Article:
I would like to mention an illustration in passing. Once an area Army Staff officer came to inspect the situation in New Guinea. I asked his advice: "New Guinea roads are very bad. How would it be if a ditch were dug?" I listened quietly and he spoke at length: "I don’t know if you know the New Guinea squalls, but if you dug a ditch, the squalls would bury it, and even if you remade it once or twice, there would be nothing that would be successful in this season of continuous rain. Since the Chief of Staff is an engineer, he considered this point from all aspects, but even the Chief of Staff rejected this idea." When he had made this explanation, the young Staff Officer blushed. I put out the lifeboat; he explained further about the New Guinea squalls, "You have not any experience in this sort of thing. I also had misconceptions about it. Five times the Army Engineers have built bridges, and on the sixth occasion they have given up. Since it was not yet the era of motor transport, somehow we had to make it possible to use motors so that food could be transported in sufficient quantities, so the first time it was washed away orders were given to rebuilt it. The second and third times the same. It took a week to build and then was washed away, and the difficult part every time was the metal coupling. There was difficulty in replacing this. It would have been different if a replacement could have been obtained from Japan, but nail and bolt type replacements were very rarely obtainable from Japan. If there were no metal couple it was impossible to build a bridge.

The next difficulty was to obtain piles. In the beginning it was possible to cut down trees near the bridge but gradually it became necessary to go a long way. Then when the bridge was completed, after a mere four or five days it was washed away again. Perhaps it was some use from a training point of view, but since the object was to allow motor vehicles to go across, not being able to use the bridge constructed with grain pains was a wasted effort." Thus I learned a lesson from this tale of experience, namely that pile bridges were no use in New Guinea, and that suspension bridges were the only sound plan. During the invasion of Germany this type was used almost exclusively.

Another peculiarity of New Guinea in regard to the weather was the dampness. Fighting was greatly affected by this dampness; in the first place there was trouble in keeping the moisture out of the powder and firearms. Fuses, etc. absorbed moisture and therefore would not fire. In a hard pressed attack from the enemy, one gambled one’s whole life on this one discharge, and after penetrating deeply into enemy territory and fighting against all sorts of difficulties, at the last moment, after all these efforts it could be defective. The despair and despondency this caused cannot be understood by anyone lacking experience of the battlefield. The second difficulty because of this dampness was concerned with dry batteries. Dry batteries are the life blood of wireless communications and the army’s wireless for operational purposes was beyond value for the units who were scattered so widely over this extensive island. So it was necessary for the communication unit to fight an unceasing battle against this natural enemy.

What did relieve the tedium for our men in New Guinea was the clearness of the atmosphere. It was purity itself – no sand and dust wreathing up to the sky, no soot and smoke staining the air with filth. The countless stars of the southern hemisphere, with the Southern Cross as the Imperial Throne, were much brighter than those of the northern hemisphere.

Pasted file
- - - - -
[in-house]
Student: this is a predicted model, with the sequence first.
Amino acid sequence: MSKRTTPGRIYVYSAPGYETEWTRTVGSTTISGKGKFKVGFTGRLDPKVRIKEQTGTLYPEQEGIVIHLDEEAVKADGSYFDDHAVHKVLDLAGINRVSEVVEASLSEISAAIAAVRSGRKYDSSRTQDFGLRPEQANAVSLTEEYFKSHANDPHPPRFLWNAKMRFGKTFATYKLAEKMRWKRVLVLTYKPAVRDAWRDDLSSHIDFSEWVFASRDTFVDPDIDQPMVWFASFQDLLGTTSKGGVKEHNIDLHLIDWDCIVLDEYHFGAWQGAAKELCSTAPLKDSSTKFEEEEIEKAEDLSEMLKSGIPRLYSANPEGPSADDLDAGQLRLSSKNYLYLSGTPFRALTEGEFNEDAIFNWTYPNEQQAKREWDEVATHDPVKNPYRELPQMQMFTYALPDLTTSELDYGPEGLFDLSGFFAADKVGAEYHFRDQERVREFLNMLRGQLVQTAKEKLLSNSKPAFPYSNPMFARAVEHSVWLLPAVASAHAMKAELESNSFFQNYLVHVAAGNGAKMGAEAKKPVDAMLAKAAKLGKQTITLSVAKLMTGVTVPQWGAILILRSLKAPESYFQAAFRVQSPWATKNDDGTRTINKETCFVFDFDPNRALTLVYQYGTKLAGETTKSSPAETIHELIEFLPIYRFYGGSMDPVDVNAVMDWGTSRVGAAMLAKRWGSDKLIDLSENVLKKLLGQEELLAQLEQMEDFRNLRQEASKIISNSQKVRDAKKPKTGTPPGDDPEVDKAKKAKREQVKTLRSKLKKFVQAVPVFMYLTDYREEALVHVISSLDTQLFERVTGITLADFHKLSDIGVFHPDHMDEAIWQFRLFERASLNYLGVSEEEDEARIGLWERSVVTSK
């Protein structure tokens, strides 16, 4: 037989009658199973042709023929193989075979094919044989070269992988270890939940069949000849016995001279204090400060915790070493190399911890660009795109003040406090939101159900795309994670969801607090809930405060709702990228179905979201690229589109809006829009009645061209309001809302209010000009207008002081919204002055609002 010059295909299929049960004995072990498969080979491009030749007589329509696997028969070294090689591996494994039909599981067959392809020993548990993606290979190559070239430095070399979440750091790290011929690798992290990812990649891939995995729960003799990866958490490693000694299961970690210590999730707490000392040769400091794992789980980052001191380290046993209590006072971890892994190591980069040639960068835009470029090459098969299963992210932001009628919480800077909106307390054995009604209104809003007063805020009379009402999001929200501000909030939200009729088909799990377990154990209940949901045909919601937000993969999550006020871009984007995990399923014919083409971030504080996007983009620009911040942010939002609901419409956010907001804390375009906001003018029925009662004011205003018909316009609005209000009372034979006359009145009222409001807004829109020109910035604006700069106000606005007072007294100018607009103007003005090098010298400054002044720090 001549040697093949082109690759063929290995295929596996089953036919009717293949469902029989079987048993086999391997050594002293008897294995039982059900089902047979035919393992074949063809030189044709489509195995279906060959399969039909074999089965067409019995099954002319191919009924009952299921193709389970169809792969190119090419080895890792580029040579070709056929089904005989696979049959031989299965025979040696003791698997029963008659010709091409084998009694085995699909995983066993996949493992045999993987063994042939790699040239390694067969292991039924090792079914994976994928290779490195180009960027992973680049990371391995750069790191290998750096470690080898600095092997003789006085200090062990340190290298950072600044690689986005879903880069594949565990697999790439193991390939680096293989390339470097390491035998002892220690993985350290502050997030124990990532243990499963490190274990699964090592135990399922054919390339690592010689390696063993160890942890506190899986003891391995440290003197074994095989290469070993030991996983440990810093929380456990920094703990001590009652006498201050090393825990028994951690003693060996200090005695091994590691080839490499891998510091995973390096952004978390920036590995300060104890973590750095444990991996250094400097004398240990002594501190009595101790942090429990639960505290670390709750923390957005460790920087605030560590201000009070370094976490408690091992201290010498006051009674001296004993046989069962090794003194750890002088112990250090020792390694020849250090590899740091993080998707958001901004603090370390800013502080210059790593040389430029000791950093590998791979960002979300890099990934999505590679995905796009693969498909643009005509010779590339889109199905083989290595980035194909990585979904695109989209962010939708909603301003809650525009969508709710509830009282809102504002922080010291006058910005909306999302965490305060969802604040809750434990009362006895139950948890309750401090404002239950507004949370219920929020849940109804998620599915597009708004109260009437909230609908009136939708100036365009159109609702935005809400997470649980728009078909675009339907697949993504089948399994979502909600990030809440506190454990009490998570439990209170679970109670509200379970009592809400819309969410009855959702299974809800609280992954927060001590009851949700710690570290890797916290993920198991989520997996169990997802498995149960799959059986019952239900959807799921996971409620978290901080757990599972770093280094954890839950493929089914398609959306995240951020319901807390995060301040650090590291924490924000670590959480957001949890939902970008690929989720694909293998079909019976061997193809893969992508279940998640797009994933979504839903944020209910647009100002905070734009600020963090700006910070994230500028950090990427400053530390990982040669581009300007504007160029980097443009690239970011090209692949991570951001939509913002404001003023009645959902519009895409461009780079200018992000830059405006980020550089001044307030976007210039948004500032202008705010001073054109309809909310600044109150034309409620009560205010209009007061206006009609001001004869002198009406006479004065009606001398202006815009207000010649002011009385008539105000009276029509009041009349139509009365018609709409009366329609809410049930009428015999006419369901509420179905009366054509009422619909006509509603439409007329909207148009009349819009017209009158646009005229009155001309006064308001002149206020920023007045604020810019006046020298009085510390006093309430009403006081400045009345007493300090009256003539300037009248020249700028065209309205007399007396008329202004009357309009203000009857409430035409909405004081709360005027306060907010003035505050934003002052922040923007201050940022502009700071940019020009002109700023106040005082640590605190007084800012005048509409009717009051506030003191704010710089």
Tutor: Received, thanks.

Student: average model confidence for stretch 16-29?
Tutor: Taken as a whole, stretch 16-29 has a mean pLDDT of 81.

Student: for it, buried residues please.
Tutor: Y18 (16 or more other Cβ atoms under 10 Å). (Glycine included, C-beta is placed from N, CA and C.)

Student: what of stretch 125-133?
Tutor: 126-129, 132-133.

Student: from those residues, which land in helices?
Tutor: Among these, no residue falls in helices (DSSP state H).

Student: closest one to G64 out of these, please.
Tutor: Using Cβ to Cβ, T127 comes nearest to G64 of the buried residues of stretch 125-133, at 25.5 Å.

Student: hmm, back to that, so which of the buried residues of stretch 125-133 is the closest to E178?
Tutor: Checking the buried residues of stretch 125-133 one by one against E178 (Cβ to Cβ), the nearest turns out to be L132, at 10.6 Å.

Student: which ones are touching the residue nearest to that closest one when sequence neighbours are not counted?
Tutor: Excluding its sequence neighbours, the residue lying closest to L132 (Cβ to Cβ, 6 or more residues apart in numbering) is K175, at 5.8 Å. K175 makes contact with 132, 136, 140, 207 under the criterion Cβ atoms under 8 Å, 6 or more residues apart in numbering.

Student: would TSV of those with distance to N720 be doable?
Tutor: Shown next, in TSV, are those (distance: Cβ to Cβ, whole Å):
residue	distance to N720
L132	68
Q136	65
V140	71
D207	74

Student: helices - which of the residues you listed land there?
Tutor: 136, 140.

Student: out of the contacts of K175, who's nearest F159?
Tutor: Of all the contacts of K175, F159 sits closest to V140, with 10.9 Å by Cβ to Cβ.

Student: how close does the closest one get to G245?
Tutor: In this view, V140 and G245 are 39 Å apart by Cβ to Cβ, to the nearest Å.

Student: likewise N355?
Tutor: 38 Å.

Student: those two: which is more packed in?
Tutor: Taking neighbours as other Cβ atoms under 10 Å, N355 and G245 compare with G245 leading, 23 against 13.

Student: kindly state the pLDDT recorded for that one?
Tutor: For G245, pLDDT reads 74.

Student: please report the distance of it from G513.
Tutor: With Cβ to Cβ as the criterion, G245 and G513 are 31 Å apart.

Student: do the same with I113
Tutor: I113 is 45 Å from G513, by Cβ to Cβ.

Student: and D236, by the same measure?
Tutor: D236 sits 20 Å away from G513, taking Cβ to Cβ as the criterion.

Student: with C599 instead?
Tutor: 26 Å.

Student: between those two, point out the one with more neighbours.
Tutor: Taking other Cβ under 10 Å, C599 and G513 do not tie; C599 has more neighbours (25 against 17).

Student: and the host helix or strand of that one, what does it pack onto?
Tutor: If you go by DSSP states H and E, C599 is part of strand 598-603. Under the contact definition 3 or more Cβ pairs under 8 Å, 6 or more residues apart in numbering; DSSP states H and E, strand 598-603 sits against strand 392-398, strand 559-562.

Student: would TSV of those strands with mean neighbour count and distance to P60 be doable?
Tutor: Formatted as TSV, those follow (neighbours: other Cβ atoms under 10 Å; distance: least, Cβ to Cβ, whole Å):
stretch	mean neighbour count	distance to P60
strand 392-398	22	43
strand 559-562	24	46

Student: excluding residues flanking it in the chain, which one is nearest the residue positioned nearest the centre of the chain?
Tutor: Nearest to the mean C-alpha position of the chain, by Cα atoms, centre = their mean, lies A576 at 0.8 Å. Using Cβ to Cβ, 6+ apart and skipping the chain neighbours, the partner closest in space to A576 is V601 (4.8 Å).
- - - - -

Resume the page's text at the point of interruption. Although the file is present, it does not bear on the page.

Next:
Communications

The only communication mechanisms in New Guinea were canoes on the rivers and airplanes on the land. There were horses, but before the war there were no motor cars at all. As I have previously mentioned, it was an extremely difficult matter to establish roads, because of the peculiar nature of the weather. Whether it was because they realised this, or whether it was a result of consideration of their area of practical use, the Australians abandoned roads in New Guinea and decided on the aeroplane as the means of land communication. So they built several hundred various-sized airfields; this brings misgivings as to why they should build so many in this as yet unopened, dark, large island. It was because Australia was managing gold producing operations in various places on the continent and it was necessary to be in touch with these places. Not only would it have been costly to build roads to take material there, but to maintain them would also have been very difficult, so that small airplanes were the most economical solution, and the safest. It was clear that in a sparsely populated area, with few vehicles, such as New Guinea, there was no necessity to build roads.

The natives used canoes and water transport. There were two categories of canoe – ocean going and river canoes. The canoe is an utsubobune (T.N. Japanese for canoe) propelled by oars. According to its size, it can accommodate twenty people or so, but four or five is the usual number. Ocean going canoes have an outrigger to help them ride the waves. Both types are primitive boats, quite unsuitable for carrying material. So it is no exaggeration to say that if these were the only form of transport in New Guinea, there was no transport in New Guinea.

I have now given a summary of the topography as it concerned the troops, and I think you can judge how it affected operations. I shall later explain something about the natives.


Printed on 07/18/2018 04:19:03 PM